Posted by marajade1_200 20:22 Archived in Nicaragua Comments (0)

Raleigh (Week 8 of 13): Fieldbase & the Adventure Challenge

A few days of relaxing, a serious risk of a flood at field base and the secrecy of the Adventure Challenge

sunny 25 °C

There were a busy few days at fieldbase; with the phase 2 (romeo groups) leaving; there was a crazy amount of cleaning; an amazing fry up; a day of relaxing; a Spanish lesson; some shopping; some sorting out the bodega and food counting; and lots of adventure challenge prep…

I was meant to be going off on the Adventure Challenge (with the 5 weekers; the last part of their Raleigh experience) on Saturday, but they had to leave without me as due to problems with one of the cars and I ended on the bus on Sunday instead! But It was an exciting day at fieldbase never the less; it poured with rain all day, and we sat inside huddling under blankets and drinking hot coffee, playing monopoly and watching films, until about 4PM when the rain started to get really heavy and we ending up out in the downpour digging out trenches and filling sand bags, in a crazy attempt to not have a flooded bodega and a flooded staff room. Walking down the road back to the house, and through the venturer field to go to bad, we were walking ankle high through mini rivers.

The Adventure Challenge was super exciting, especially because all of us had next to no idea what was going on until the last minute; it was all kept that much of a secret!

The first day, we spent time putting up tents, moving kit in and inflating the boat and the rubber rings, before spending a few hours in the sea off the peer. We had an amazing dinner, and then enjoyed a spooky after dark tour of the prison. San Lusca used to be a prison island (Costa Rica’s own Alcatraz), but the prison was closed in 1974 and it became a wildlife sanctuary in the 90’s.

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Me in front of the prison entrance; and me and Lou together (Lou's one of the 5 weeker PMs)

The place is beautiful, and they are in the process of restoring the prison buildings, so in a few years it will be one of Costa Rica’s top tourist attractions, but for now it sees barely any tourists; and certainly non of them have the privilege of seeing the beautiful sunsets, or nightskys we saw. I also saw four turtles; one on the beach and the others in the sea from the boat; two of which were mating! We saw lots of pelicans (one very close up) and we constantly heard the calls of the howler monkeys.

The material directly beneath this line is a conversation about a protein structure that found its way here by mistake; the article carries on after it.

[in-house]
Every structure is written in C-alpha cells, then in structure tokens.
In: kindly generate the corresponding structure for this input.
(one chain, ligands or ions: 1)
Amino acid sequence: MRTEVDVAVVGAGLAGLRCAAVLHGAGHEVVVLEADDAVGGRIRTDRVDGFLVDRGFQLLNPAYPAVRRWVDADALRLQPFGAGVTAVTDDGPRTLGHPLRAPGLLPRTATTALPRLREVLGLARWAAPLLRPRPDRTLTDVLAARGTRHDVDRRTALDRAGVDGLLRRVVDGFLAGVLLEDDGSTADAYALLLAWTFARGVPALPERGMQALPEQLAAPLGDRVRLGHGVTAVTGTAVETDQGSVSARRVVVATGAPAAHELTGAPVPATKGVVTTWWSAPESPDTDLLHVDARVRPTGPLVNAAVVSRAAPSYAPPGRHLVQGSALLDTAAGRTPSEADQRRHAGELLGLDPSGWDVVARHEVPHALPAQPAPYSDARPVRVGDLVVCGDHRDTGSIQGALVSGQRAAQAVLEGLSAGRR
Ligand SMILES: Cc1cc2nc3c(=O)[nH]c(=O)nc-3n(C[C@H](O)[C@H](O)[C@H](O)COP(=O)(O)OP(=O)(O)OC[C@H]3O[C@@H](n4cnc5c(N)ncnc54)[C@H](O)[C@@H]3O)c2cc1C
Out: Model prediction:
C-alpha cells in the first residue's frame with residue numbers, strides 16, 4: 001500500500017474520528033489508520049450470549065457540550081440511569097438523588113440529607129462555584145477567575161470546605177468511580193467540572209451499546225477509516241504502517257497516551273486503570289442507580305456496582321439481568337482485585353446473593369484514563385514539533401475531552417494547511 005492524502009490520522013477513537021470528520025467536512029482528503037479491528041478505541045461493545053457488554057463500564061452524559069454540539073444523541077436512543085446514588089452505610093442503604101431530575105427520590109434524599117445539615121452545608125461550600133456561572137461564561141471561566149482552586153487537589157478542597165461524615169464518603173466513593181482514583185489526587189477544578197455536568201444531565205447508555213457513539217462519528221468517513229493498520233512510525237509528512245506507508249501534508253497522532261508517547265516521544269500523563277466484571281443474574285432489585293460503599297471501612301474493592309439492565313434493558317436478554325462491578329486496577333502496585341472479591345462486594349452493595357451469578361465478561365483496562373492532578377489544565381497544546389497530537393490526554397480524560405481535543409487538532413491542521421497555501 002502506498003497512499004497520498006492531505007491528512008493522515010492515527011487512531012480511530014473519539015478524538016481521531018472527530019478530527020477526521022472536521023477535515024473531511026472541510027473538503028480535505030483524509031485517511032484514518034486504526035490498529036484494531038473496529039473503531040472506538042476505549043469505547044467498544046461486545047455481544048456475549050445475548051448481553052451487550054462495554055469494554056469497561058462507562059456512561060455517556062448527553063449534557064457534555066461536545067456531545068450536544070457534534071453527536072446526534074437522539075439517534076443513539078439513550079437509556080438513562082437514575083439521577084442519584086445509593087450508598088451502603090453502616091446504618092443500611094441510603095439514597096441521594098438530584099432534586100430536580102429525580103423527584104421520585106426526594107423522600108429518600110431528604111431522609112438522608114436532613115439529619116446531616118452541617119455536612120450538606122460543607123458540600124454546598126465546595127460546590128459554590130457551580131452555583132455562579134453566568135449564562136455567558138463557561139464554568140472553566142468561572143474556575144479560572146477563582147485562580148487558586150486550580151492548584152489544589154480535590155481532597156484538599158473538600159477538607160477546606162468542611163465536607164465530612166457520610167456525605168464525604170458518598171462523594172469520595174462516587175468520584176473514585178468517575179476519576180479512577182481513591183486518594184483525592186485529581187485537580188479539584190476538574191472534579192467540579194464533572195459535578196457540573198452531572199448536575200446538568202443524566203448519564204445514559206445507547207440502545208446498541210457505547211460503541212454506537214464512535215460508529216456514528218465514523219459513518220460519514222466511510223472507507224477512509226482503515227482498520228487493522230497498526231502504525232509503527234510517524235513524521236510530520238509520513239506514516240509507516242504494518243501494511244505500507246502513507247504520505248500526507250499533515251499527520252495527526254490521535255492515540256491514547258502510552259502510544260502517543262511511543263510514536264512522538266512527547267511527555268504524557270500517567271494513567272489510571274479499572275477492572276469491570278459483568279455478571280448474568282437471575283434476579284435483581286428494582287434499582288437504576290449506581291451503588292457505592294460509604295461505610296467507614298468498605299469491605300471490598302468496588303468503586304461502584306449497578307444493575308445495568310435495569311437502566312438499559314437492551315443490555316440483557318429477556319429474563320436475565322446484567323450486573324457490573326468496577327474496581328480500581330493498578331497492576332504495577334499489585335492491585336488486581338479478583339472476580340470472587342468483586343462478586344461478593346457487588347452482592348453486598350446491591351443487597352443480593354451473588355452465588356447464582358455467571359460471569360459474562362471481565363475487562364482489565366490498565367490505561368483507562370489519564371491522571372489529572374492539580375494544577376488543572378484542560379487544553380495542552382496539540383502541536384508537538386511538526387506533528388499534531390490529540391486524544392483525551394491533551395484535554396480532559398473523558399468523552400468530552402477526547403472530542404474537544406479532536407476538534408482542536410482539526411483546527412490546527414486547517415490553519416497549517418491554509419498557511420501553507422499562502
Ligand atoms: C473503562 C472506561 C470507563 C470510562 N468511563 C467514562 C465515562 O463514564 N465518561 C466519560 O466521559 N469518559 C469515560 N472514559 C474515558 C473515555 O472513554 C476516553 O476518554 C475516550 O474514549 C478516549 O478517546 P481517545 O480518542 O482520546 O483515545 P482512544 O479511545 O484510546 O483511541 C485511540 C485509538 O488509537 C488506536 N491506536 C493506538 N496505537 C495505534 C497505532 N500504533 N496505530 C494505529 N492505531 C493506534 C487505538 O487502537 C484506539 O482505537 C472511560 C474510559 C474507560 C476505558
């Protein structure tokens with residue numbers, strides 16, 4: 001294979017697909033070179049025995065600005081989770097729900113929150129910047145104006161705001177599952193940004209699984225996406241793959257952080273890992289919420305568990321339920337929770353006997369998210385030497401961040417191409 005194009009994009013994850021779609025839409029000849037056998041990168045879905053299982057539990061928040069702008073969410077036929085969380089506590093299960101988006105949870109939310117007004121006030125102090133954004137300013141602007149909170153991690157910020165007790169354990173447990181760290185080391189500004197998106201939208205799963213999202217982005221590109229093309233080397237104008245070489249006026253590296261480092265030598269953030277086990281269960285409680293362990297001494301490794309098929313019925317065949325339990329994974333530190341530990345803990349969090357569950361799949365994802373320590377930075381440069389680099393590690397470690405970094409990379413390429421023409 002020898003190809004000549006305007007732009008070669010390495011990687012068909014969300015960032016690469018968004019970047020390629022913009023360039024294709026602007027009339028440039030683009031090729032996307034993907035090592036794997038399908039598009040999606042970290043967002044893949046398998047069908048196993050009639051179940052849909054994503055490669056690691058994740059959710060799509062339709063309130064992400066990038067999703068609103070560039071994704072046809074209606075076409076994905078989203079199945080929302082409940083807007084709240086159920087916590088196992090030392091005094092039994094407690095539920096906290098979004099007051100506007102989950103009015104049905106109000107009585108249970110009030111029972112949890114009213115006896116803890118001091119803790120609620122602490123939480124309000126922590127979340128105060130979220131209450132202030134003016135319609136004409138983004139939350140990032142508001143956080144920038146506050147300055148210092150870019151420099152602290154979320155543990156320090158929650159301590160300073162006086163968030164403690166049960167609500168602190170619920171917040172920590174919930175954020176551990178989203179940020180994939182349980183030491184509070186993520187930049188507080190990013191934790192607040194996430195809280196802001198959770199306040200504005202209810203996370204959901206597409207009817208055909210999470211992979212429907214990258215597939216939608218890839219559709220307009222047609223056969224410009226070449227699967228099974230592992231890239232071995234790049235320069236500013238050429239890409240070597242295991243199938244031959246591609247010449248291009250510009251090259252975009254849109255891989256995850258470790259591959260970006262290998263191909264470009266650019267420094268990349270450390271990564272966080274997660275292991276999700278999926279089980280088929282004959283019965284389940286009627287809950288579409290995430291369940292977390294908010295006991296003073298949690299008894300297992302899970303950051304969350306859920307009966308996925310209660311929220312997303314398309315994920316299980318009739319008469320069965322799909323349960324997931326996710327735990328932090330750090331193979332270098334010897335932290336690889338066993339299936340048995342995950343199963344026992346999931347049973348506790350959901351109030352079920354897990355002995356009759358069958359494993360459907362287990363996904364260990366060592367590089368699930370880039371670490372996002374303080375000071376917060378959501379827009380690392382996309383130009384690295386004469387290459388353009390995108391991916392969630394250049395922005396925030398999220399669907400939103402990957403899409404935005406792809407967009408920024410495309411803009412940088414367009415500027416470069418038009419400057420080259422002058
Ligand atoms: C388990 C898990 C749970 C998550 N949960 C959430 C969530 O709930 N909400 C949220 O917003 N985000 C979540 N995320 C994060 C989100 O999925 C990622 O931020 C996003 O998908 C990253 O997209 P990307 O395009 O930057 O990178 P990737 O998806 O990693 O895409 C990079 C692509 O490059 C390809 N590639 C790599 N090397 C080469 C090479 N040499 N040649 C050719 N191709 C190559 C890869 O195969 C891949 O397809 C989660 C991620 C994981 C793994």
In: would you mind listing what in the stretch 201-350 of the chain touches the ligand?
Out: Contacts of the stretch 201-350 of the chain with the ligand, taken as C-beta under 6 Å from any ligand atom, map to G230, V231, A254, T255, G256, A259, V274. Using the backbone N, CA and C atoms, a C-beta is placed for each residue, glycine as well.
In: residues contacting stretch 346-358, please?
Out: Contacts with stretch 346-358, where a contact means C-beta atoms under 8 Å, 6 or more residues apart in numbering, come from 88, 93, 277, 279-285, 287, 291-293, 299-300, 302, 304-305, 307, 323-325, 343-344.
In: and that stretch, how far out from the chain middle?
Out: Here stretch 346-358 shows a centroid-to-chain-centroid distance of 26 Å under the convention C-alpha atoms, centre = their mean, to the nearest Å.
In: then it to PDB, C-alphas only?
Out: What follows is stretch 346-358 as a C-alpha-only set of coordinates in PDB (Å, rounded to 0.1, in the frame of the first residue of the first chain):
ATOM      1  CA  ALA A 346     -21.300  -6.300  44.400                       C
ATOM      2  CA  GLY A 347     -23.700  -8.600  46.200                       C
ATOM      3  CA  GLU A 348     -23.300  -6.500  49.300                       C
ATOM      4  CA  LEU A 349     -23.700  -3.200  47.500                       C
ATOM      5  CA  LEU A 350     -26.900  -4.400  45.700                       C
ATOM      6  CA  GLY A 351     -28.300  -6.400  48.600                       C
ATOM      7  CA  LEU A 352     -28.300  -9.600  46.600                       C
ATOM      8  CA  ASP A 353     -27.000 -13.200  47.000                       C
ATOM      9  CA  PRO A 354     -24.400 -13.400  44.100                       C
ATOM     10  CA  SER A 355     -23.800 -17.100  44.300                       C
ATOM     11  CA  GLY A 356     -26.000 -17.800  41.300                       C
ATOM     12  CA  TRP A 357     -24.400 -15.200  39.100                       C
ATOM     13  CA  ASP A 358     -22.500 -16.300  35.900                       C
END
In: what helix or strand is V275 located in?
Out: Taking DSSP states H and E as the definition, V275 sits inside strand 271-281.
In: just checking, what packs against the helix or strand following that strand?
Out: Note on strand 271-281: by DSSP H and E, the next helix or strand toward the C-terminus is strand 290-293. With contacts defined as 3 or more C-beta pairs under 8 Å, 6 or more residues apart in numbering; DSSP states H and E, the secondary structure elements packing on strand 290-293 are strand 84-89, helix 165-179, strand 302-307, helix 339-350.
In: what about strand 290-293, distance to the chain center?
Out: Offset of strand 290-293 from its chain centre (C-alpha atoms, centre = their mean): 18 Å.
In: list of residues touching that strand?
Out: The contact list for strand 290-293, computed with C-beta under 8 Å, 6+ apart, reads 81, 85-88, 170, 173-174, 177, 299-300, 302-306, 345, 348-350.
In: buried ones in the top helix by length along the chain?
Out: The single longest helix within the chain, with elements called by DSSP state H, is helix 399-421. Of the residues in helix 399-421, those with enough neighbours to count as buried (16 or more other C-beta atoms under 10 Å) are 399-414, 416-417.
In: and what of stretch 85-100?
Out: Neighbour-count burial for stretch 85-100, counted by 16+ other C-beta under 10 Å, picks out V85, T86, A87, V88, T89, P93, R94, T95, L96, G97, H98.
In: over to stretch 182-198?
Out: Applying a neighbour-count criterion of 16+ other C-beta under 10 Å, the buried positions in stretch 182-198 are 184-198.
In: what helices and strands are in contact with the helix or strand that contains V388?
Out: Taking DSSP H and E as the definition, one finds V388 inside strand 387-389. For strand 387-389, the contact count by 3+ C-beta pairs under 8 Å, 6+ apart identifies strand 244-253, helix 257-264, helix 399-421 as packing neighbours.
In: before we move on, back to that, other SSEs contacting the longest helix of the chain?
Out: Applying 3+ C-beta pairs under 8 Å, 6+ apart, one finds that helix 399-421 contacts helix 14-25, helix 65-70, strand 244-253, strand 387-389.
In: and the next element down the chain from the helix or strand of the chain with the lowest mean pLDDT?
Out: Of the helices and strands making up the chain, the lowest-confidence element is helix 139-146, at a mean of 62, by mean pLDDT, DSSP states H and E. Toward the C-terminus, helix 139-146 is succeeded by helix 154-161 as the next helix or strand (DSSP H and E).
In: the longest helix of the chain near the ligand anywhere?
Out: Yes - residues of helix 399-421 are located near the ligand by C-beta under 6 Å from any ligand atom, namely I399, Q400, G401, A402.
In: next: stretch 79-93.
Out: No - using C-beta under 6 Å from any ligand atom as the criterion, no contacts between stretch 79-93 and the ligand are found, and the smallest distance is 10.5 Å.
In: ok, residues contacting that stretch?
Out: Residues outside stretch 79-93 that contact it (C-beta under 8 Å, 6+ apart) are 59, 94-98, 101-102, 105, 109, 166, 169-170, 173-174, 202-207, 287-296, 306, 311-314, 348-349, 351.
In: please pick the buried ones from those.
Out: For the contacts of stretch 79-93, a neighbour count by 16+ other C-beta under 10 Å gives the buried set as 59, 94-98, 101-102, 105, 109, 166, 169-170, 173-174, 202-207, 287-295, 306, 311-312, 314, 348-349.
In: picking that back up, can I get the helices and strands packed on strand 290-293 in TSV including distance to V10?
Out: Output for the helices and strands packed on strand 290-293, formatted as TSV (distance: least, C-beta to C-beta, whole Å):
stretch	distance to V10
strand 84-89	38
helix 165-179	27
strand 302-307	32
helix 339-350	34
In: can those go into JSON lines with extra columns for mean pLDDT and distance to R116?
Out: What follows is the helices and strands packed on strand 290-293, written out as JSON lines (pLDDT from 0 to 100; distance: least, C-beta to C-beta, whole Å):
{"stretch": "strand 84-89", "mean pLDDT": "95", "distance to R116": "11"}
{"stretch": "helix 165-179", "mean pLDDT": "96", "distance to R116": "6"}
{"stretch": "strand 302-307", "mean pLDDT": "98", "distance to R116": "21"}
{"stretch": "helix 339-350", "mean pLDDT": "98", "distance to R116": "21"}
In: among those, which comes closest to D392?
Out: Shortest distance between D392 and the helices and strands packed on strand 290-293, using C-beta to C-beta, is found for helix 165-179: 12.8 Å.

The Adventure Challenge itself was awesome; we were told with everyone else that we were getting up at 7AM the next day, but then Ross (our boss) took us PMs aside and told us we would wake everyone up at 5AM, and we did it by having one of the Costa Rican girl let out a super high pitch scream in the middle of the camp, which had some of the girls grabbing each other in sock; and then taking down their tents on top of them! It was pretty hilarious.

They were then given half an hour to put together minimal kit before they were blind folded and dropped off at a random location on the island, with a map, their next grid reference and some fruit for breakfast. They were set round various tasks throughout the morning; they had to build and sail their own raft; get out of some hand cuffs, build a fire to burn through a rope, do lots of high ropes challenges and complete a command challenge. I was in charge of the raft building challenge; it was lots of fun; every team came up with a totally different design and all of them successfully carried the team across!

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This was my Team; I was suposedly their PM, but all we really did was to lead them to their secret location and then run off!!

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This is an example of the raft building
But this is actually the raft the PMs build that afternoon, for us to relax on the next day!

In the afternoon, they were sent off to random beaches round the island to set up camp, and they were given fresh fish and flour and honey for dinner, and they had to gut and cook the fish and make bread on a fire; I went off on the boat with Ross and Lou to each of the beaches, they had to call us in with Morse Code and we gave them the food supplies; and it was a beautiful boat ride as well. Later in the afternoon we walked around to visit their camps; before having a lovely dinner ourselves, and an early night.

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The boat; with Ross and Rolo going out

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One of the campsites the venturers made and Dinner being cooked over the campfire

The next day the groups were back by 6AM for a wonderful Costa Rican breakfast, followed by a final review session which I joined in (made me almost feel like I am leaving as well). Then we had the day free to swim, relax and enjoy San Lucas; followed by an evening BBQ and a fire on the beach; an awesome day.

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A beautiful sunset and the view over the island

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And the bombfire (and that is Ross, with the crazy pose)

The next day we were up at 3:30AM again, packed up and ready to leave by 5AM and back at fieldbase for 12AM, for a yummy lunch, and now some time to plan for tomorrow, when I have another early start to leave for Nicaragua!!

Posted by marajade1_200 21:03 Archived in Costa Rica Comments (1)